The state’s version did away with a person’s duty to retreat if he is attacked in a place where he has a right to be. The change also exempted from prosecution anyone who was deemed to have used deadly force because he reasonably believed it was necessary to prevent death or serious injury.

In the years since South Carolina passed its effort, at least 59 cases determined to be justified homicides occurred between 2007 and 2011, according to the State Law Enforcement Division.

Around Charleston, instances of South Carolina’s self-defense laws have been applied in small numbers, including some that did not result in death or even feature the use of a handgun. Examples include:

In March 2012 in Ladson, authorities opted against filing charges against a motorist who shot and killed a man who ran up to his car at a traffic light and tried to get into a back door.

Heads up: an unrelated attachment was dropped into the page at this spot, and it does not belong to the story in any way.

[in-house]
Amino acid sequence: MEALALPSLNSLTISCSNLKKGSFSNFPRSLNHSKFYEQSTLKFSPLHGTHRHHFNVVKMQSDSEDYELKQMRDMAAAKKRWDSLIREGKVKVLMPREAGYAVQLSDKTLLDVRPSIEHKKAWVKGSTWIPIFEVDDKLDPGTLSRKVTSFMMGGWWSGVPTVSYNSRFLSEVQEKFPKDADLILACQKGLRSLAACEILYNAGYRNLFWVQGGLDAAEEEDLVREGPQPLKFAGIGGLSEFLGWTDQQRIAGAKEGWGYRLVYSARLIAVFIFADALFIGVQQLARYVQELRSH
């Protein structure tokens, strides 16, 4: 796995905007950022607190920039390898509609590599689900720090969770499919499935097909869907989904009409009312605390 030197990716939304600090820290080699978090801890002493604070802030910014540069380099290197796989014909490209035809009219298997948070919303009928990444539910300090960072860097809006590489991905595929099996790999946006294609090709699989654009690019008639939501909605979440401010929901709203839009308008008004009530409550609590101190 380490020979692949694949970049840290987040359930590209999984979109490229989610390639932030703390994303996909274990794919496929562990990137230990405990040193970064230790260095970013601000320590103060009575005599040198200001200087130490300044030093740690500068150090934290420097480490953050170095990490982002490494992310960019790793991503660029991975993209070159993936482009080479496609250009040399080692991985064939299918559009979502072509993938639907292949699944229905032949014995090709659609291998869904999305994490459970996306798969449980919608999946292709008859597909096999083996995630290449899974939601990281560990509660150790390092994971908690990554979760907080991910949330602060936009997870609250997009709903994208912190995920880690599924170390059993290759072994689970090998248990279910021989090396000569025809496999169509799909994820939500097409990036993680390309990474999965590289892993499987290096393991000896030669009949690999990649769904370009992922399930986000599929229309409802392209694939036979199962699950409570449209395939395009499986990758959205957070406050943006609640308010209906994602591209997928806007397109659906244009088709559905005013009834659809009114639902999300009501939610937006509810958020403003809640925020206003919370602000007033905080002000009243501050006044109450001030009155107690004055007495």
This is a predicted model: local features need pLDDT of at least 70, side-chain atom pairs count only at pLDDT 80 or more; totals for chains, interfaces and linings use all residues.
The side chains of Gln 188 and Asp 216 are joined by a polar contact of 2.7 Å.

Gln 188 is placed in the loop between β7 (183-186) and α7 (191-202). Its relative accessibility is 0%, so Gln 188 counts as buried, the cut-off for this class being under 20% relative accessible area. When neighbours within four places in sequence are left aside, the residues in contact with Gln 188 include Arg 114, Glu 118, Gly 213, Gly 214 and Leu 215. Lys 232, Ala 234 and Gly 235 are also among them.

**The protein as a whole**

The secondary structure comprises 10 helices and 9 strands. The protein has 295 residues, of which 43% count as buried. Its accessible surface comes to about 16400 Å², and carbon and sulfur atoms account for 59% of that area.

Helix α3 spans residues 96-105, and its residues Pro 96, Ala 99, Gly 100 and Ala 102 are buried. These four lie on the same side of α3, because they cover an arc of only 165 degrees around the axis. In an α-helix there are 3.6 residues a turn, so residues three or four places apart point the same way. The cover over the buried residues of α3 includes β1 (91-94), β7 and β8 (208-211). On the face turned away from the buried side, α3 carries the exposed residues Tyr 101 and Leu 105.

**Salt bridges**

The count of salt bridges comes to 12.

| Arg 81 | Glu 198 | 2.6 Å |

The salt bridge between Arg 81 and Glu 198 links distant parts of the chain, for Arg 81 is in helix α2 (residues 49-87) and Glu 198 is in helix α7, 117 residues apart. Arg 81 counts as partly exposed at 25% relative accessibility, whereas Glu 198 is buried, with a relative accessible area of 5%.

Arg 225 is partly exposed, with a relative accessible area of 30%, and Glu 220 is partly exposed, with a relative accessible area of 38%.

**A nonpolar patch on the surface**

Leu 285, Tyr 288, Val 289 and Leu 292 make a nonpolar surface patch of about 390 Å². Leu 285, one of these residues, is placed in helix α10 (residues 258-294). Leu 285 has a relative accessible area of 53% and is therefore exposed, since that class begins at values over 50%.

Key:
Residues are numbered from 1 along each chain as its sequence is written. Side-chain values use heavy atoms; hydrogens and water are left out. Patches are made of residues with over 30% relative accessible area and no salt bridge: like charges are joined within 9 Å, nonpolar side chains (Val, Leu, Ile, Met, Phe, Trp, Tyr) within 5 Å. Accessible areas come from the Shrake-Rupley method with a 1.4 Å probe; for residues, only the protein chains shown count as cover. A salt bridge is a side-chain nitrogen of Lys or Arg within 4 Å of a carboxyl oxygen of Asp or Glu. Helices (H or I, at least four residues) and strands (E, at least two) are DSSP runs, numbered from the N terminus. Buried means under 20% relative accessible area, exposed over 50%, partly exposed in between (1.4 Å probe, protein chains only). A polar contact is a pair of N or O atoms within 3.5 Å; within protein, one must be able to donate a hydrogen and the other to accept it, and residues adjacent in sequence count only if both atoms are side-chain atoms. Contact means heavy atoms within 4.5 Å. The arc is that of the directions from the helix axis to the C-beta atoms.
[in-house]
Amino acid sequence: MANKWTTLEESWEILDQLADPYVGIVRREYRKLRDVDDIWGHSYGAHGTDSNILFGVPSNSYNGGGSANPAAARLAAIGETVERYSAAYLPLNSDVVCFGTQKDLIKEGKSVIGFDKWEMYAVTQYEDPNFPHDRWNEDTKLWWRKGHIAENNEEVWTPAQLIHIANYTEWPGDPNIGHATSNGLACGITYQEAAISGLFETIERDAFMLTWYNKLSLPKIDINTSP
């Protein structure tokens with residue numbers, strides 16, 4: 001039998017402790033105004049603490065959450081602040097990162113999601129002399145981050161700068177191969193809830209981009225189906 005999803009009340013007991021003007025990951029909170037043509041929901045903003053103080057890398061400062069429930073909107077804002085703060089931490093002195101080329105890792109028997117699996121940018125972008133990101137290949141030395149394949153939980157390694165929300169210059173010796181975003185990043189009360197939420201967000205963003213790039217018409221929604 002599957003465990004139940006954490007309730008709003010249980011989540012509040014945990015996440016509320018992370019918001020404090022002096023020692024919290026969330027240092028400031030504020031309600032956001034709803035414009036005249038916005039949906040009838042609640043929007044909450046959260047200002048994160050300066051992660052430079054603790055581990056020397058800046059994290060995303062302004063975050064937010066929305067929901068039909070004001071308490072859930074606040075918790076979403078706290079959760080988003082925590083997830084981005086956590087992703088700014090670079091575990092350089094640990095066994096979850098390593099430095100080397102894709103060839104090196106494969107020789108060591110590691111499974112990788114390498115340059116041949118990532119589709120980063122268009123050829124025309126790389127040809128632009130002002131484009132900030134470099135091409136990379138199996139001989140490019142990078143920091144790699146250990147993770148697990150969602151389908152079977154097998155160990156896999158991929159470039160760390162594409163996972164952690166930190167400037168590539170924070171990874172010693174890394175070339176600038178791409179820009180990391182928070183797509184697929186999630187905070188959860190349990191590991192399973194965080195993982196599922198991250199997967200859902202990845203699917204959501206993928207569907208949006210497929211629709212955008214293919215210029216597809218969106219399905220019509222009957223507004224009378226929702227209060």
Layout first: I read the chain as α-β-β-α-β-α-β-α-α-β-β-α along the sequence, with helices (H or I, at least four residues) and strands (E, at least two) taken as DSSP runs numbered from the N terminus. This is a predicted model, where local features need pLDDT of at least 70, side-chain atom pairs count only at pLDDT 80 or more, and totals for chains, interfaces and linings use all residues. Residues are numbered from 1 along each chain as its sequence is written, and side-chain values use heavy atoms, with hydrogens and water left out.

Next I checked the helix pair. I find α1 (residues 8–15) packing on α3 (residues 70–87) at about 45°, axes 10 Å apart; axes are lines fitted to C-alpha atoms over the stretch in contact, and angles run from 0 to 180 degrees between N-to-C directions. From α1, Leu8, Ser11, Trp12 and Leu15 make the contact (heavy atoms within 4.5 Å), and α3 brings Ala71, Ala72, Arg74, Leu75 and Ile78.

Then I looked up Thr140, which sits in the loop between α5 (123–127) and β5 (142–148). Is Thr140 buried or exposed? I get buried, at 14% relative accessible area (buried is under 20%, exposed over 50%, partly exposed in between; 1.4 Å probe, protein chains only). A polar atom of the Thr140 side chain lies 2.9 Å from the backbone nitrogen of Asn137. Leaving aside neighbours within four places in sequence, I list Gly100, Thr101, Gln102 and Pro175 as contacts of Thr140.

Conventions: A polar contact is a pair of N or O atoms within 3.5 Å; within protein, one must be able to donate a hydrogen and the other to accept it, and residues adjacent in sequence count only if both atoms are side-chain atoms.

The Charleston County Sheriff’s Office said the driver had a legitimate fear of being carjacked and had a right to defend himself under the S.C. Protection of Persons and Property Act.

In May 2012, a case against a federal agent who got into a scuffle while visiting Charleston was tossed out by a magistrate judge. The case began after a Navy sailor reportedly started a confrontation outside a bar on East Bay Street involving the agent’s party. The sailor came away with a 4-inch gash in his abdomen. The agent’s attorney called the case a true example of “stand your ground.”

And there are two other high-profile cases in nearby jurisdictions that were not as clear cut, and are still waiting to be legally settled:

In 2010, Beaufort County tow-truck operator Preston Oates fatally shot Carlos Olivera, who was angry that Oates had put a parking boot on his minivan. Olivera had a gun, Oates said, so he acted to save himself.